DC mobilization from peripheral tissues relies on pattern Selleck Dabrafenib recognition receptor signalling to promote DC maturation. Accordingly, MV acts as DC-SIGN and TLR2 agonist 7, 9 and induces phenotypic maturation (including upregulation of MHC and co-stimulatory molecules and cytokine release), morphodynamic changes and enhanced motility of infected DC on fibronectin (FN) supports 10. In contrast, CCR5/CCR7 switching, MHCII upregulation, and IL-12 production are less efficiently induced by MV as compared to other maturation stimuli 11, 12. These differences do, however, not explain the inability of MV-infected DC (MV-DC) to promote T-cell expansion in vitro 12–14. Rather, ligation of an
as yet unknown surface receptor by the MV glycoprotein (gp) complex (displayed on the surface of MV-DC) interferes with TCR-stimulated activation of the phosphatidylinositol-3(PI3)/Akt kinase pathway. This efficiently abrogates
activation of downstream effectors essential for actin cytoskeletal reorganization and cell cycle entry (reviewed in 15–17). MV contact induced activation of sphingomyelinases in T cells which accounts for its interference with cytoskeletal dynamics 18, yet molecules and mechanisms actively conferring IS instability to MV-DC/T-cell conjugates are poorly characterized. The mature IS segregates molecules involved in peptide recognition and TCR signalling from surrounding molecules also including those involved in stabilization and adhesion. It is an area of highly active cytoskeletal rearrangement, which essentially controls centripetal movement of TCR Torin 1 microclusters, but also receptor segregation including that of integrins, which regulate both TCR microcluster Carbohydrate confinement and stability of the DC/T-cell conjugate (for a recent review 19). Initially described as guidance factors regulating axonal path-finding during neuronal development, the general ability of semaphorins (SEMAs) to act as adhesion/repulsion cues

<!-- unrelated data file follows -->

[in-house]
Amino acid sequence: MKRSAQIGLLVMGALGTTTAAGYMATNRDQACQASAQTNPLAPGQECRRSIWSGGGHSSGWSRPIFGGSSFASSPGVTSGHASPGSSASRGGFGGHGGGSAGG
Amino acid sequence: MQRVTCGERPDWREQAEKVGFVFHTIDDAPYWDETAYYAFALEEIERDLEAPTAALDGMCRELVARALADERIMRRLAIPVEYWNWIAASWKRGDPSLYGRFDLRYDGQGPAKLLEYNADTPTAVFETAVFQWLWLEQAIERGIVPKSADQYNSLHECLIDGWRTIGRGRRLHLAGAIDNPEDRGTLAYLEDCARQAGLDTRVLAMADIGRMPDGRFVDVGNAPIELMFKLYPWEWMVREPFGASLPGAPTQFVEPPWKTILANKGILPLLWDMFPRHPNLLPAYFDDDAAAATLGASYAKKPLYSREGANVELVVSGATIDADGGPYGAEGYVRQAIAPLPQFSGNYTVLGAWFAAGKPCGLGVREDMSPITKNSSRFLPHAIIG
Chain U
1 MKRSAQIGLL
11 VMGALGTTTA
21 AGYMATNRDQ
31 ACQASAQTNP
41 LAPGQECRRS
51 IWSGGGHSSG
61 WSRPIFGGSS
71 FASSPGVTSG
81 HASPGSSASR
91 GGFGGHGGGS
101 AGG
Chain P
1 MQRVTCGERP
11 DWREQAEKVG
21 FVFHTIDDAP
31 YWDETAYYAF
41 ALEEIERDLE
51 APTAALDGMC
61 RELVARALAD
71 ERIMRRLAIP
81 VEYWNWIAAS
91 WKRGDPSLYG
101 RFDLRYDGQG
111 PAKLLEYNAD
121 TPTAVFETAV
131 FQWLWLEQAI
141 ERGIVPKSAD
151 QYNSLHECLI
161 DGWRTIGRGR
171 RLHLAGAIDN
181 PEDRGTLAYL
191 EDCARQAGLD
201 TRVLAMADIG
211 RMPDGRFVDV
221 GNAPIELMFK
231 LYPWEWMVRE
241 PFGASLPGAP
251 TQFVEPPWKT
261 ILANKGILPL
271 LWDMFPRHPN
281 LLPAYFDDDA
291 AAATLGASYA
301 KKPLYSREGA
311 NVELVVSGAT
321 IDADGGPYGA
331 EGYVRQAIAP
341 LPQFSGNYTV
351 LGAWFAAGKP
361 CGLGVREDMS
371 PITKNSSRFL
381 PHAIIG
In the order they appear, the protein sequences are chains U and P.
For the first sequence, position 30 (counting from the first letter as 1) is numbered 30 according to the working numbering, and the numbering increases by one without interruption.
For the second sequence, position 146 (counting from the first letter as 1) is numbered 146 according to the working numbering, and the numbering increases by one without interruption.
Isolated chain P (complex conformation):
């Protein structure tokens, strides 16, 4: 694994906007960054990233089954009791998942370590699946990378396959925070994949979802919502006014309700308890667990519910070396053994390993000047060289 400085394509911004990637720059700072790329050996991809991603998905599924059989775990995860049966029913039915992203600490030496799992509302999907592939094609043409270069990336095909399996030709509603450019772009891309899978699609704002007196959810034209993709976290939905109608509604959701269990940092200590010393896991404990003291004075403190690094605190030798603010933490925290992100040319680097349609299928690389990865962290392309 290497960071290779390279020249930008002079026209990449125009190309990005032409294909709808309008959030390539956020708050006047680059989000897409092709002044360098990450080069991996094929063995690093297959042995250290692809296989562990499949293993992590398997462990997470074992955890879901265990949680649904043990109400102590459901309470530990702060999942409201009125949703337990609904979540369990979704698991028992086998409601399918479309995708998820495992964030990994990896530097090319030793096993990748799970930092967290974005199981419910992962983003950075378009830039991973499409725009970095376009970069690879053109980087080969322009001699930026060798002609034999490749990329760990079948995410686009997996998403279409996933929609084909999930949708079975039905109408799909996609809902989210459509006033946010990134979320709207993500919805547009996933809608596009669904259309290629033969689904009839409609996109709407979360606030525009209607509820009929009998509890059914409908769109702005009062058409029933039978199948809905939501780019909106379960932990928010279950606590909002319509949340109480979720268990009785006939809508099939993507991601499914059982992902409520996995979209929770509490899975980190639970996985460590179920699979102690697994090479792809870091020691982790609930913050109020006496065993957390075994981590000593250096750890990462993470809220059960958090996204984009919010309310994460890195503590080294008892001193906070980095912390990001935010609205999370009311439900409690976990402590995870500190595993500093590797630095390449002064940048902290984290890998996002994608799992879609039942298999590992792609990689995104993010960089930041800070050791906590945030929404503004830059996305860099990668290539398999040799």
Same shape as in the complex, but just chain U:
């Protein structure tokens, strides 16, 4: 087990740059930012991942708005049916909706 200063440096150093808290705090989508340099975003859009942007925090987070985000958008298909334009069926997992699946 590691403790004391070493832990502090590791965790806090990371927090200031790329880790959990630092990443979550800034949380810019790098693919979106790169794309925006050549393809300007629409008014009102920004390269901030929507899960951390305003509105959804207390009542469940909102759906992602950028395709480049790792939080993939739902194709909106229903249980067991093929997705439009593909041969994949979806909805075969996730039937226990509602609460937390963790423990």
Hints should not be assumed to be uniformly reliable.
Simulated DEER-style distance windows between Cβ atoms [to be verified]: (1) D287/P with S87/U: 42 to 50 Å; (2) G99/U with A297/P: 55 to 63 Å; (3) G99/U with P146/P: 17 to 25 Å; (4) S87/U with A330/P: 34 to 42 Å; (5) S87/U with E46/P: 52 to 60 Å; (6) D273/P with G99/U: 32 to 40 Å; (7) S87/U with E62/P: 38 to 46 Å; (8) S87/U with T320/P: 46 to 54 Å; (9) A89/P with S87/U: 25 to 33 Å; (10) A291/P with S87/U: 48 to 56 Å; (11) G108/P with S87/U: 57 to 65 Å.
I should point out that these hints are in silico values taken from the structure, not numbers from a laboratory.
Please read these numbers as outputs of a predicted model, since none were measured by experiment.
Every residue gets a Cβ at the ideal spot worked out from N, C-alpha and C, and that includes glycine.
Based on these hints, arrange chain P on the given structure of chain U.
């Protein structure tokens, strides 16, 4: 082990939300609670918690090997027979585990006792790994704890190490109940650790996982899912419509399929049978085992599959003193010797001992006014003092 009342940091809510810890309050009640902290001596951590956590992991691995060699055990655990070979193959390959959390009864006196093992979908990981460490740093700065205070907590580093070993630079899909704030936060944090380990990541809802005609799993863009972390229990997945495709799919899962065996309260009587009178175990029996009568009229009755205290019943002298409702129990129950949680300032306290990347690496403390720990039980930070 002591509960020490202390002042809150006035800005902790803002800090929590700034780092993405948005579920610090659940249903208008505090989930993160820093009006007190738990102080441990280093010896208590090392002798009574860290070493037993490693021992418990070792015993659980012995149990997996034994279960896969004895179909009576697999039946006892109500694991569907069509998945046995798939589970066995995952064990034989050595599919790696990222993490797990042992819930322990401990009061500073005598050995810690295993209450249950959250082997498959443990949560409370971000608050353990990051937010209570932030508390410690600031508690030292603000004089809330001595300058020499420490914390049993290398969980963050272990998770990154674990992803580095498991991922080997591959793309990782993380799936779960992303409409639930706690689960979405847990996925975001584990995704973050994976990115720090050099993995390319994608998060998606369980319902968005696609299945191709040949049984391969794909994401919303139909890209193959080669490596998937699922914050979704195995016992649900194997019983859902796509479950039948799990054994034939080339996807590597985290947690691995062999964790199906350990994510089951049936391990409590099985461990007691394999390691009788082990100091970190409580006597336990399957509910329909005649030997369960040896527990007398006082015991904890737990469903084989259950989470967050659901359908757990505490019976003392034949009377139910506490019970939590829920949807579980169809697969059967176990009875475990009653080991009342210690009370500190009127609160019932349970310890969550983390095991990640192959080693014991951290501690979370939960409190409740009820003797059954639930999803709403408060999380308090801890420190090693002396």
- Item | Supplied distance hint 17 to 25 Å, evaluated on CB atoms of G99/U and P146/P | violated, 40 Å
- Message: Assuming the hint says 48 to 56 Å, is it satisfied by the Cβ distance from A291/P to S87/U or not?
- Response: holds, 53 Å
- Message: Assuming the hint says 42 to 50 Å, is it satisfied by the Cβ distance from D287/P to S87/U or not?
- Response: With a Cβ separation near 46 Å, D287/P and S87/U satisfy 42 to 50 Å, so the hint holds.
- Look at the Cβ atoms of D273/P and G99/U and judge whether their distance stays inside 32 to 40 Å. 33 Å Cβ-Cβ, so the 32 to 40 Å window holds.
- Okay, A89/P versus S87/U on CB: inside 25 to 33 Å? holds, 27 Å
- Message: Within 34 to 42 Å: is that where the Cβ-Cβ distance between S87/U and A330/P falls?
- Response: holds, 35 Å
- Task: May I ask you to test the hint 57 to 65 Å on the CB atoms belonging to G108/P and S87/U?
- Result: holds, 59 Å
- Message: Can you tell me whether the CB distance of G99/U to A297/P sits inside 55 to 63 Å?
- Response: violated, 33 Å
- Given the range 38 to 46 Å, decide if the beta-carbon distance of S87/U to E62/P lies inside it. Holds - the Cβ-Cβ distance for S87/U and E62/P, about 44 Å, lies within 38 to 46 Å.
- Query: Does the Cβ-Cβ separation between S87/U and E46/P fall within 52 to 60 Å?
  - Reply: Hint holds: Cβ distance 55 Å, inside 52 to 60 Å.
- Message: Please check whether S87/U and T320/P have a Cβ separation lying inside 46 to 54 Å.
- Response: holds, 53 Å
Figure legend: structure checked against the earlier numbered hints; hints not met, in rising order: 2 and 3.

has meanwhile highlighted the importance of these molecules in diverse physiological functions also including vascular growth, cell migration, and immune cell regulation 20–23. SEMAs share a common “SEMA” domain and are divided into eight subclasses, and those expressed in vertebrates are membrane associated (class IV-VII) or secreted (class III, SEMA3 species). Class VIII summarizes virally encoded, secreted SEMAs with similarity to SEMA7A, and modulate immune activation by acting on monocytes 21, 24, 25. Most membrane-resident SEMAs use members of the plexin family for binding and signalling, while most SEMA3 molecules require neuropilins (NP-1 or -2) as obligate binding receptors for initiating cellular responses through plexins. In addition to using these receptors, certain SEMAs (SEMA7A and SEMA4A and 4D) also signal to their immune effector cells by interaction with integrins, CD72, or TIM-2 23, 26.